This decision requires you to learn a little about yourself. Maybe start with a personality test. The Myers-Brigg personality test will help you determine what characteristics you have, what you like and dislike, and even suggest work environments that may fit your persona. The Myers-Brigg gives examples of what other people with your personality type succeed in.

Another way to learn about yourself is by evaluating yourself in a S.W.O.T. analysis. The S.W.O.T. stands for strengths, weaknesses, opportunities, and threats. List a few things relating to yourself under each column to help you match your abilities to a major that is right for you. Examine your interest, values, and potentials for a major that fits your personality.

  1. Create Goals

After college where do you see yourself? Where do you see yourself 5 years after graduation? What about 10? These can be as detailed or as generalized as you like but setting goals and preparing for them helps when finding a major. Creating short and long term goals help to know what you would like to see in your future and what steps may be necessary to get there. Be sure when you are setting goals for yourself that they are achievable. If your goals are too unrealistic, you may feel discouraged and quit. Some people find writing their goals down on a piece of paper helps to make them more permanent.

  1. Do your Research

Look at majors offered at your college of choice and do some research. There is so much information on the internet. You can also talk with a guidance counselor too if you’re looking for further insight and assistance.  When researching a major you’ll want to take into account the type of career you’ll have with that major. Some questions you may want to ask include what jobs are out there and how sustainable are they.

A four-year university can be expensive. You may find yourself borrowing student loans and receiving financial aid to afford education. Regardless of the major you choose, you need to verify the major and career path have a return on your investment. If you’re borrowing student loans when you graduate you’ll need to pay those back upon graduating. Once you receive your first career job you want to be financially responsible. You should be able to start paying down that student loan debt without having to eat Ramen® every night. Unless you really like Ramen®. When researching consider if the job has long term potential, look at the average salary, and consider location and necessities. A major can lead to many careers, but finding one that can support your future goals and lifestyle is important.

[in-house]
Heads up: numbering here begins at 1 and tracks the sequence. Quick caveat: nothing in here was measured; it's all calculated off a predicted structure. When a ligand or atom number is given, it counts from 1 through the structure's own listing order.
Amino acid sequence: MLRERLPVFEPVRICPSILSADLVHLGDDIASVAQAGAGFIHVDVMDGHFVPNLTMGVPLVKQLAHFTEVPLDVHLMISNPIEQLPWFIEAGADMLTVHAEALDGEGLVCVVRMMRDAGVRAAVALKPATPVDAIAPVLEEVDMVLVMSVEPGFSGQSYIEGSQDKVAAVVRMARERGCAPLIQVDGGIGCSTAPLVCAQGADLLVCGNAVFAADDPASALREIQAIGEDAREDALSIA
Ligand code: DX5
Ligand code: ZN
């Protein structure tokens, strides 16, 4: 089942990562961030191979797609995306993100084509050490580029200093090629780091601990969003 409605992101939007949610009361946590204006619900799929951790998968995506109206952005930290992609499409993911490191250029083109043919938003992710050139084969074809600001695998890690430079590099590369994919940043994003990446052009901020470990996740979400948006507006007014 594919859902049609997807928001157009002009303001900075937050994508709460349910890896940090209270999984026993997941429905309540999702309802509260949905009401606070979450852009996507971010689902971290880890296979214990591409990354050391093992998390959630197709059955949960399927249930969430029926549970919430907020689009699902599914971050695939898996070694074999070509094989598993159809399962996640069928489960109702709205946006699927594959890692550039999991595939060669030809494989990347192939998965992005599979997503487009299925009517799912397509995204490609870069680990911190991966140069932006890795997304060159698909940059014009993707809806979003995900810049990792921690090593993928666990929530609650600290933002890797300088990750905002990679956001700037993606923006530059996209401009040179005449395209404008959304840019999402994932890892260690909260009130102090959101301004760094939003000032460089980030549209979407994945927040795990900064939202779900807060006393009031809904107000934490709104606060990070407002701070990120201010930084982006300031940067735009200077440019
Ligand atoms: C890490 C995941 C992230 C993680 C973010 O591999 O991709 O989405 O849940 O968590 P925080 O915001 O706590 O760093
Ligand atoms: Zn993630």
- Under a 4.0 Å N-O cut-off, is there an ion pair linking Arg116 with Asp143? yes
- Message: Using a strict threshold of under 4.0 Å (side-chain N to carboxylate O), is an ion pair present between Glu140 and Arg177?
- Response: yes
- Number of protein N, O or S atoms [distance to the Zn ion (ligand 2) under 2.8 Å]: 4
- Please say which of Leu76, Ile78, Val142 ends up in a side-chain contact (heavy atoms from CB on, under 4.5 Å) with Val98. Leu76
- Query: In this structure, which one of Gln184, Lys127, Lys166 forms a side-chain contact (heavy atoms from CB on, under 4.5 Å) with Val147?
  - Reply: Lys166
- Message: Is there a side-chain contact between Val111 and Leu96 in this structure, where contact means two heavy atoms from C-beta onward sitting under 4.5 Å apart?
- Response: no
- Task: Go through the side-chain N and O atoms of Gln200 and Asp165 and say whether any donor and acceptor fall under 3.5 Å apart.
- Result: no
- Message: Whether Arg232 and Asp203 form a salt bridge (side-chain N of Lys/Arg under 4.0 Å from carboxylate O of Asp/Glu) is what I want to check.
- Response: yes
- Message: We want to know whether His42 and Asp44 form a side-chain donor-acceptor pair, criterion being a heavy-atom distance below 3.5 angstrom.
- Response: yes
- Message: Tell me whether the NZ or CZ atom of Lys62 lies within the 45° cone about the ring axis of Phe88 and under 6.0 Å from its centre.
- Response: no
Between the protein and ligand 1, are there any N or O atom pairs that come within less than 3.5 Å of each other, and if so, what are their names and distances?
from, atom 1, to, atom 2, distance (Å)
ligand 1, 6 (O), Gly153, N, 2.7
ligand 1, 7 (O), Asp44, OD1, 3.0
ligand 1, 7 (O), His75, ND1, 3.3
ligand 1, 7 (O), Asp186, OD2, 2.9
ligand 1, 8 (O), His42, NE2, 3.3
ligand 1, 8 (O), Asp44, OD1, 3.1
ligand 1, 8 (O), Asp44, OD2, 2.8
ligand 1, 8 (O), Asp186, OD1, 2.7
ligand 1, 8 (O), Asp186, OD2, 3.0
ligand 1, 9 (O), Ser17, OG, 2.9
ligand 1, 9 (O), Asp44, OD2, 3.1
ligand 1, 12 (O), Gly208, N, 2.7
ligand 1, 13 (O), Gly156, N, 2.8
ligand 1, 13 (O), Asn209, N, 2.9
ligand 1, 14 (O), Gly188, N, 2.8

1. Find a Mentor

Explore some of the options available for the majors you’re interested in and make a few cold calls. Your university may have a directory of alumni who graduated in your field of choice. Call them to find out about their career, day-to-day task, what to expect, and things that make them happy at their job. You can even consider shadowing or interning with alumni to find out if this career path is something you want to consider.

Try paying a visit to a college advisor. Most colleges provide separate advisors depending on the major. Make an appointment where you can sit down with them and discuss course load, professors and future employers with your major of interest. College advisors can help you decide if you can tackle a major on an academic level as well as real-world experience. Before you make the investment of attending college you want to be sure that you are pursuing the right career path for yourself.

  1. Seek Advice

Utilize people within your network and ask them for advice and guidance. Ask friends what they are considering for a major. People in classes may be a good resource for you as well. See what they are planning to study in college and what their interests are. You could even talk to a parent or someone you trust about your values and ideas. The people who are close to you may have your best interest and connections that can help with your decision.

Lastly, going into college not knowing what major to pursue is NORMAL. Do not rush into a major because you don’t want to be behind. Deciding a major a semester late or even changing majors does not always effect graduation dates. The goal of attending college is to gain the skills and education that could lead you to something you will succeed in. As you continue to learn more about college understand how you will handle it financially. It can seem overwhelming, but understanding what your finances are and what you’ll need to be making upon graduation will be helpful.